We shall not in this place comment upon the want of anatomical knowledge conspicuous in the above definitions, or the insufficient data afforded by them for the purposes of Zoology. The apparatus of circulation, being a system of secondary importance in the animal economy, was soon found to be too variable in its arrangement to warrant its being made the basis of zoological classification, and a more permanent criterion was eagerly sought after to supply its place.
(4). Among the most earnest in this search was our distinguished countryman John Hunter, who, not satisfied with the results obtained from the adoption of any one system, seems to have tried all the more vital organs, tabulating the different groups of animals in accordance with the structure of their apparatus of digestion, of their hearts, of their organs of respiration, of their generative organs, and of their nervous system, balancing the relative importance of each, and sketching out with a master hand the outlines of that arrangement since adopted as the most natural and satisfactory 1.
The result of the labours of this illustrious man cannot but be of deep interest to the zoological student, and accordingly an epitome of his ideas upon the present subject is here concisely given.
The apparatus of digestion appears to be among the least efficient for the purpose of a natural division; as the separation of animals into such as have a simple digestive cavity, receiving and expelling its contents by the same orifice, and such as have an aperture for the expulsion of the contents of the alimentary canal distinct from that by which food is taken into the stomach, is by no means of practical utility, although this circumstance, as we shall afterwards see, has been much insisted upon.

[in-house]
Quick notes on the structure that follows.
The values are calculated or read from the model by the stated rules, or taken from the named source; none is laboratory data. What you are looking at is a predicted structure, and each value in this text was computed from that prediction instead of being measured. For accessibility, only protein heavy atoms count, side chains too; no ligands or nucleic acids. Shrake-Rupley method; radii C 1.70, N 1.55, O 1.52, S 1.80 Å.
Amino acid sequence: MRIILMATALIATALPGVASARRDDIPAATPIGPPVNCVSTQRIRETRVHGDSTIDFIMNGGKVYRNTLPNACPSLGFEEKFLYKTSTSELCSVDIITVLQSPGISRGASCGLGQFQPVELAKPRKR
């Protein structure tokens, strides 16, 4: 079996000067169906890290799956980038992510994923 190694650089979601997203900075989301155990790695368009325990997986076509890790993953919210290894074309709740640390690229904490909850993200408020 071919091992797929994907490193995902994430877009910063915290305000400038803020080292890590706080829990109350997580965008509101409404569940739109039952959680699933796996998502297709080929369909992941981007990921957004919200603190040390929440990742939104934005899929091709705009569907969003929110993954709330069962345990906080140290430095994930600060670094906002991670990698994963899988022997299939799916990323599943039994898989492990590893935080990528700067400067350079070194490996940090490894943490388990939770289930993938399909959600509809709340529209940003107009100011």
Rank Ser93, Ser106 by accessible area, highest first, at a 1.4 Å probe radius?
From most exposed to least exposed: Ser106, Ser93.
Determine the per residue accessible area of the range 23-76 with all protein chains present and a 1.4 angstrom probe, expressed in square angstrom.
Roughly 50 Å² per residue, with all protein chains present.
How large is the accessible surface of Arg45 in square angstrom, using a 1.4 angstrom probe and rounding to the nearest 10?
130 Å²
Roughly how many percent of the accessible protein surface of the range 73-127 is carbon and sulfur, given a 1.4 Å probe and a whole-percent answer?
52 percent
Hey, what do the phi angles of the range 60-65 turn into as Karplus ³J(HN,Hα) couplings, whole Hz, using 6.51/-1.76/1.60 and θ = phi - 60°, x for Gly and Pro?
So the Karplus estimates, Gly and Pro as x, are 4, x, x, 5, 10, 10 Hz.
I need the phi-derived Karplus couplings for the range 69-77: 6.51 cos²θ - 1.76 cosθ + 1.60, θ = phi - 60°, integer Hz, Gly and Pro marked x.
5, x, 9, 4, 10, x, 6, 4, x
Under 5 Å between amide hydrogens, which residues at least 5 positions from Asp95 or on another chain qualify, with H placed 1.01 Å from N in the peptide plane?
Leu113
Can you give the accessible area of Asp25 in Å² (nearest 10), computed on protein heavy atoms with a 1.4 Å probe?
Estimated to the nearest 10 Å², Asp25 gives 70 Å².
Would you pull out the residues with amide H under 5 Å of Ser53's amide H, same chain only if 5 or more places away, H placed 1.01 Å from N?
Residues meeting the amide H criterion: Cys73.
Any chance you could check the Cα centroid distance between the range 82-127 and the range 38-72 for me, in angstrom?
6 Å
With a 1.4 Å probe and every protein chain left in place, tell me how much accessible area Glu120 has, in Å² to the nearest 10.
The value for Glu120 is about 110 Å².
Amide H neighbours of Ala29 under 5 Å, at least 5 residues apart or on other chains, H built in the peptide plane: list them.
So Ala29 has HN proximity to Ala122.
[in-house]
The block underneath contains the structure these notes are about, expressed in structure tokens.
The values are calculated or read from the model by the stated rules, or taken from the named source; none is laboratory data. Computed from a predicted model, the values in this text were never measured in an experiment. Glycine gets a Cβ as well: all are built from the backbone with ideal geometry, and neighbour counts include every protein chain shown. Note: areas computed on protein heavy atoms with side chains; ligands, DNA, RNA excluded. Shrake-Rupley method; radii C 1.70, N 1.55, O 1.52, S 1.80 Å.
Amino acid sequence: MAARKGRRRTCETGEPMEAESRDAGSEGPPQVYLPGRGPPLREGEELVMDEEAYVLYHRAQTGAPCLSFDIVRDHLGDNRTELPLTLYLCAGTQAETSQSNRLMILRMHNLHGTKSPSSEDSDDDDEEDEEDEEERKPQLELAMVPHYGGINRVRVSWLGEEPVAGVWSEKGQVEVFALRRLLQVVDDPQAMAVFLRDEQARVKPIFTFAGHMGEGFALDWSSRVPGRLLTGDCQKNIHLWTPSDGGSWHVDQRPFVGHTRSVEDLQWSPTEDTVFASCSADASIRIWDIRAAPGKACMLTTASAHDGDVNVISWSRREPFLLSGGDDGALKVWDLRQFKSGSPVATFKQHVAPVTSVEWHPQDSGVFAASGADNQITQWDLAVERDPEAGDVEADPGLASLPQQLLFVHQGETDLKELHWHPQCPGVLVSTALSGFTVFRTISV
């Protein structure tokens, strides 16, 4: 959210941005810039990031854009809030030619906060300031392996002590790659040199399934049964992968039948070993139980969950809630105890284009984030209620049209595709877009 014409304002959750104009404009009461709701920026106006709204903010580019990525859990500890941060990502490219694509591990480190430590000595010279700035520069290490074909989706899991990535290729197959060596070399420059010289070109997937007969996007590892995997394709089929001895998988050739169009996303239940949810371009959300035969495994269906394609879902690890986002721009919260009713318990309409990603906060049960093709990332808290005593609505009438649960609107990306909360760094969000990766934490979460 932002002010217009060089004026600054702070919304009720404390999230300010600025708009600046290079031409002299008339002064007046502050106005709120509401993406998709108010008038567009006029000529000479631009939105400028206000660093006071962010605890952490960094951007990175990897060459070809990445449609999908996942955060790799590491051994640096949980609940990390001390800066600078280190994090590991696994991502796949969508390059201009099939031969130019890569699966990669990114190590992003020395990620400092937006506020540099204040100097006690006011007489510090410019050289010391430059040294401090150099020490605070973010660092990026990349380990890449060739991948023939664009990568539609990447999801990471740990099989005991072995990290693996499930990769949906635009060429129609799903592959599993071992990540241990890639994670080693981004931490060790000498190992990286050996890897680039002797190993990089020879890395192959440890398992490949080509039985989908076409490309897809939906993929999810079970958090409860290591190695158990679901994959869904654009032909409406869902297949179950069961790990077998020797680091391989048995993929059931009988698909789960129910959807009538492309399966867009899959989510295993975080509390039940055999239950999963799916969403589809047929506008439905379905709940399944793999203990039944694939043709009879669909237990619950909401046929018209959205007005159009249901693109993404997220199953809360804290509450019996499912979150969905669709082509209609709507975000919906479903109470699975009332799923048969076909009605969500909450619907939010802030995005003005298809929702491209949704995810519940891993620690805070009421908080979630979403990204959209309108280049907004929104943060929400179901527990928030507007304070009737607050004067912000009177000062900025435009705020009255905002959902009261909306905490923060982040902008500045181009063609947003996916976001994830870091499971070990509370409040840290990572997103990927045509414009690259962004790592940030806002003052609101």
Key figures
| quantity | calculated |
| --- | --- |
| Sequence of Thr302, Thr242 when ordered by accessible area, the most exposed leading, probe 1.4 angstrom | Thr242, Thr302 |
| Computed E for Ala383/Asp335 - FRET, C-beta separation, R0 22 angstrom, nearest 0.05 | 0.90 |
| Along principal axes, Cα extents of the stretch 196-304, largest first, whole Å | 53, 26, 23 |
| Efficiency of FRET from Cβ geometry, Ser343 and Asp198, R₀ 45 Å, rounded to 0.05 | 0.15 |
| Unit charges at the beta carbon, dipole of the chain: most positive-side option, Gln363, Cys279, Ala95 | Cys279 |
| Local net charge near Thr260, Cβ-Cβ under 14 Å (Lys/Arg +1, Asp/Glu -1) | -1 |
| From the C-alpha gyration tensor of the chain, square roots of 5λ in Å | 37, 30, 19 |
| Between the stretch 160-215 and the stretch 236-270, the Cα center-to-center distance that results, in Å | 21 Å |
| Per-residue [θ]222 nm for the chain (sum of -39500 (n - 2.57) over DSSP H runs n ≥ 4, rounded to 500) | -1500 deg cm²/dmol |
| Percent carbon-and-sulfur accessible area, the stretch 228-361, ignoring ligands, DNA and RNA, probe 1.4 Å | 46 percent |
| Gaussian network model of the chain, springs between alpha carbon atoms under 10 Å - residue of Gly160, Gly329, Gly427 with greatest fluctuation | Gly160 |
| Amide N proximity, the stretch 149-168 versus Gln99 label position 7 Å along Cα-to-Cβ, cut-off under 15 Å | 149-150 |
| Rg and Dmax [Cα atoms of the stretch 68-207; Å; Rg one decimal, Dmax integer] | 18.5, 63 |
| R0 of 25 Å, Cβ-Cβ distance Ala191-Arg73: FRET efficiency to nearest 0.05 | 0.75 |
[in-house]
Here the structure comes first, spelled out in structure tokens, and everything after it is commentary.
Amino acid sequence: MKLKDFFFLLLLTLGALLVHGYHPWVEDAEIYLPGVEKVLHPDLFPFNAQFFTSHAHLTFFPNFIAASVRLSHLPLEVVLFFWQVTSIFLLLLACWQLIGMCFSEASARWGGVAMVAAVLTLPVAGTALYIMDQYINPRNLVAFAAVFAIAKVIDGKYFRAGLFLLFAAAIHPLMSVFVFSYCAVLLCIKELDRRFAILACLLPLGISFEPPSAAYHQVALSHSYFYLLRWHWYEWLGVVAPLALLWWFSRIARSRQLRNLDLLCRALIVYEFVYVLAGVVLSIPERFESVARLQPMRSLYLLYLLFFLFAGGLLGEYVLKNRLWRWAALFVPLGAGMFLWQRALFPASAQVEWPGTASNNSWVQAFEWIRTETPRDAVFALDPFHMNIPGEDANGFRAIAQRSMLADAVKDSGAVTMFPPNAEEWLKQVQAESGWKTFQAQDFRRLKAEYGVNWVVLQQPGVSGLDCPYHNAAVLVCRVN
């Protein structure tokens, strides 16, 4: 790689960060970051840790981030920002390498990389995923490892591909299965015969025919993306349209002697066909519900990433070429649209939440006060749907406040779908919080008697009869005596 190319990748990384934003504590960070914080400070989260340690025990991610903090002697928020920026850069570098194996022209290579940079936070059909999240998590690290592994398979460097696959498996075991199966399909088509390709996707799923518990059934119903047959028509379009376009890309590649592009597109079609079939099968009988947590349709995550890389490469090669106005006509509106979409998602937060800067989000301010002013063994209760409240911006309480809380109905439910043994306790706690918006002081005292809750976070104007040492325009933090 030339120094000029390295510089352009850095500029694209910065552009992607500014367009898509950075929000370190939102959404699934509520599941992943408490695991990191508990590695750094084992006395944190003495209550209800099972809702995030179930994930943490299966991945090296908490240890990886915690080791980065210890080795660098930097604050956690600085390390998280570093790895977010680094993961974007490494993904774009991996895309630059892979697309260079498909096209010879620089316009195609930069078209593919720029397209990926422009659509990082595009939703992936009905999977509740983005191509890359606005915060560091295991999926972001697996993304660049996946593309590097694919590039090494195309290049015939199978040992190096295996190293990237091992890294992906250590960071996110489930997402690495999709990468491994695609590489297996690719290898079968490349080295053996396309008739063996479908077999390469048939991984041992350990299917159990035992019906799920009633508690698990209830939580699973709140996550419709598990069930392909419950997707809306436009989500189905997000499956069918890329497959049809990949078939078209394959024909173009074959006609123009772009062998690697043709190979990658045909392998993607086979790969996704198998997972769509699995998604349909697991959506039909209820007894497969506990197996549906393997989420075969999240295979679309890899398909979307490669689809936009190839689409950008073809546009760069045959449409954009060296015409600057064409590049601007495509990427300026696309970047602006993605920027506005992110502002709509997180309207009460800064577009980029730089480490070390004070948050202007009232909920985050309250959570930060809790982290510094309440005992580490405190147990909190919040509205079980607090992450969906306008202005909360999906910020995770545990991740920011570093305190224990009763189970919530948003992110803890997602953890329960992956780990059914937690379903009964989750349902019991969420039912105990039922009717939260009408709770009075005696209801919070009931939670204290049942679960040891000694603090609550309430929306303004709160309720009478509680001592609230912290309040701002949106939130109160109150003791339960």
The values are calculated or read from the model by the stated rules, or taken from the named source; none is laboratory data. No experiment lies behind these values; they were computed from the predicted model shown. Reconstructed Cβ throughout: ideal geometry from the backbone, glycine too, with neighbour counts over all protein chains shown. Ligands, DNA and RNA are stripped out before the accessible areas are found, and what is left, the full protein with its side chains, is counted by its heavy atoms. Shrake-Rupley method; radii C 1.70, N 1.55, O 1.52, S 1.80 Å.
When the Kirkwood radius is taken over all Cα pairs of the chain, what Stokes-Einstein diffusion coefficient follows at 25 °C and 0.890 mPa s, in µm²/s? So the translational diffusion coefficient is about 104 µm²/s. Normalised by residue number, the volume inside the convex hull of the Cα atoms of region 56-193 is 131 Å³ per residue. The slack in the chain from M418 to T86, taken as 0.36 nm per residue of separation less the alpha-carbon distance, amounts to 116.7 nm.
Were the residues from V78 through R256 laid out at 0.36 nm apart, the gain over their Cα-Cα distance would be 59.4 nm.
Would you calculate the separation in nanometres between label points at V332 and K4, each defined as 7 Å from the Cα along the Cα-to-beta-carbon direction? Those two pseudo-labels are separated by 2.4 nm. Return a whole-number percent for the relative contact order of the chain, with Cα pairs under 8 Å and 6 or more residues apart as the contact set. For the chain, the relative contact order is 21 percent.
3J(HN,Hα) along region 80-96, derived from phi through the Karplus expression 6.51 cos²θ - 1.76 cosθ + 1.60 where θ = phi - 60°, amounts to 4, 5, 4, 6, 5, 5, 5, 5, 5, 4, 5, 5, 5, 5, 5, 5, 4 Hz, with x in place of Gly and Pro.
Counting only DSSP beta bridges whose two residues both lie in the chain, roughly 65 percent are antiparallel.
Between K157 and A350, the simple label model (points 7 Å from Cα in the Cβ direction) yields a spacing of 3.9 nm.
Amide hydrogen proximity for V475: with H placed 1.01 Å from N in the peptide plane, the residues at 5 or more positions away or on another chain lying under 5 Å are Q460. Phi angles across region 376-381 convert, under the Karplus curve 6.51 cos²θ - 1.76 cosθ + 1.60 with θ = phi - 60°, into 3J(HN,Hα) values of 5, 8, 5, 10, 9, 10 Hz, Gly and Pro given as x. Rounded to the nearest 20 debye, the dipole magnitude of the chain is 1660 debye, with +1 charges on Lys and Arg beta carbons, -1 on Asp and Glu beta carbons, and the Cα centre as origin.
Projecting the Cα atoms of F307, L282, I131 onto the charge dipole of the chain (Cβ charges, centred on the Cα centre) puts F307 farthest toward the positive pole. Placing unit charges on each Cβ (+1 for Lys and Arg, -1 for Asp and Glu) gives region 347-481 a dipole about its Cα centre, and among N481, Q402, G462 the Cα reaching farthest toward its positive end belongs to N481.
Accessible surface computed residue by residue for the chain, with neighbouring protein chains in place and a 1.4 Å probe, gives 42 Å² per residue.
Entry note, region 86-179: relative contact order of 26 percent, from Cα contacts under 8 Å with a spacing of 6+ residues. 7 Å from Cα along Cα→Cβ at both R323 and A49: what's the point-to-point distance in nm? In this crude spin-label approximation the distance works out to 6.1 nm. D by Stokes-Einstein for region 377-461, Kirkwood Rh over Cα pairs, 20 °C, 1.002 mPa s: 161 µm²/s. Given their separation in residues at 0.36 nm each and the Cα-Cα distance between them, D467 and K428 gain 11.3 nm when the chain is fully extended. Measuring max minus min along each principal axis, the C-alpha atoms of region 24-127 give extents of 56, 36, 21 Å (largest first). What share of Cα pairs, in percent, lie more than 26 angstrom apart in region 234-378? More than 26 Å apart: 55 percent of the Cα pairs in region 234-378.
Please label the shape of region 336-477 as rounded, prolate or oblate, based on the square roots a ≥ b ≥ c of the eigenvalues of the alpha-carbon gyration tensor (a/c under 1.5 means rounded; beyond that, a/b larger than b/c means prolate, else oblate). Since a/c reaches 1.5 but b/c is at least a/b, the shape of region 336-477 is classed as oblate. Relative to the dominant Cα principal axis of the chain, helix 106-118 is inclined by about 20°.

Hunter's arrangement of the animal kingdom in conformity with the structure of the heart was a great improvement upon that of Linnaeus, founded upon the same basis. He arranges in this manner all animals in five groups.
* Systema Naturae. Vindobonae, 1767. 13th edition.
1 Descriptive and Illustrated Catalogue of the Physiological Series of Comparative Anatomy contained in the Museum of the Royal College of Surgeons in London, vol. iii. part i. 1835.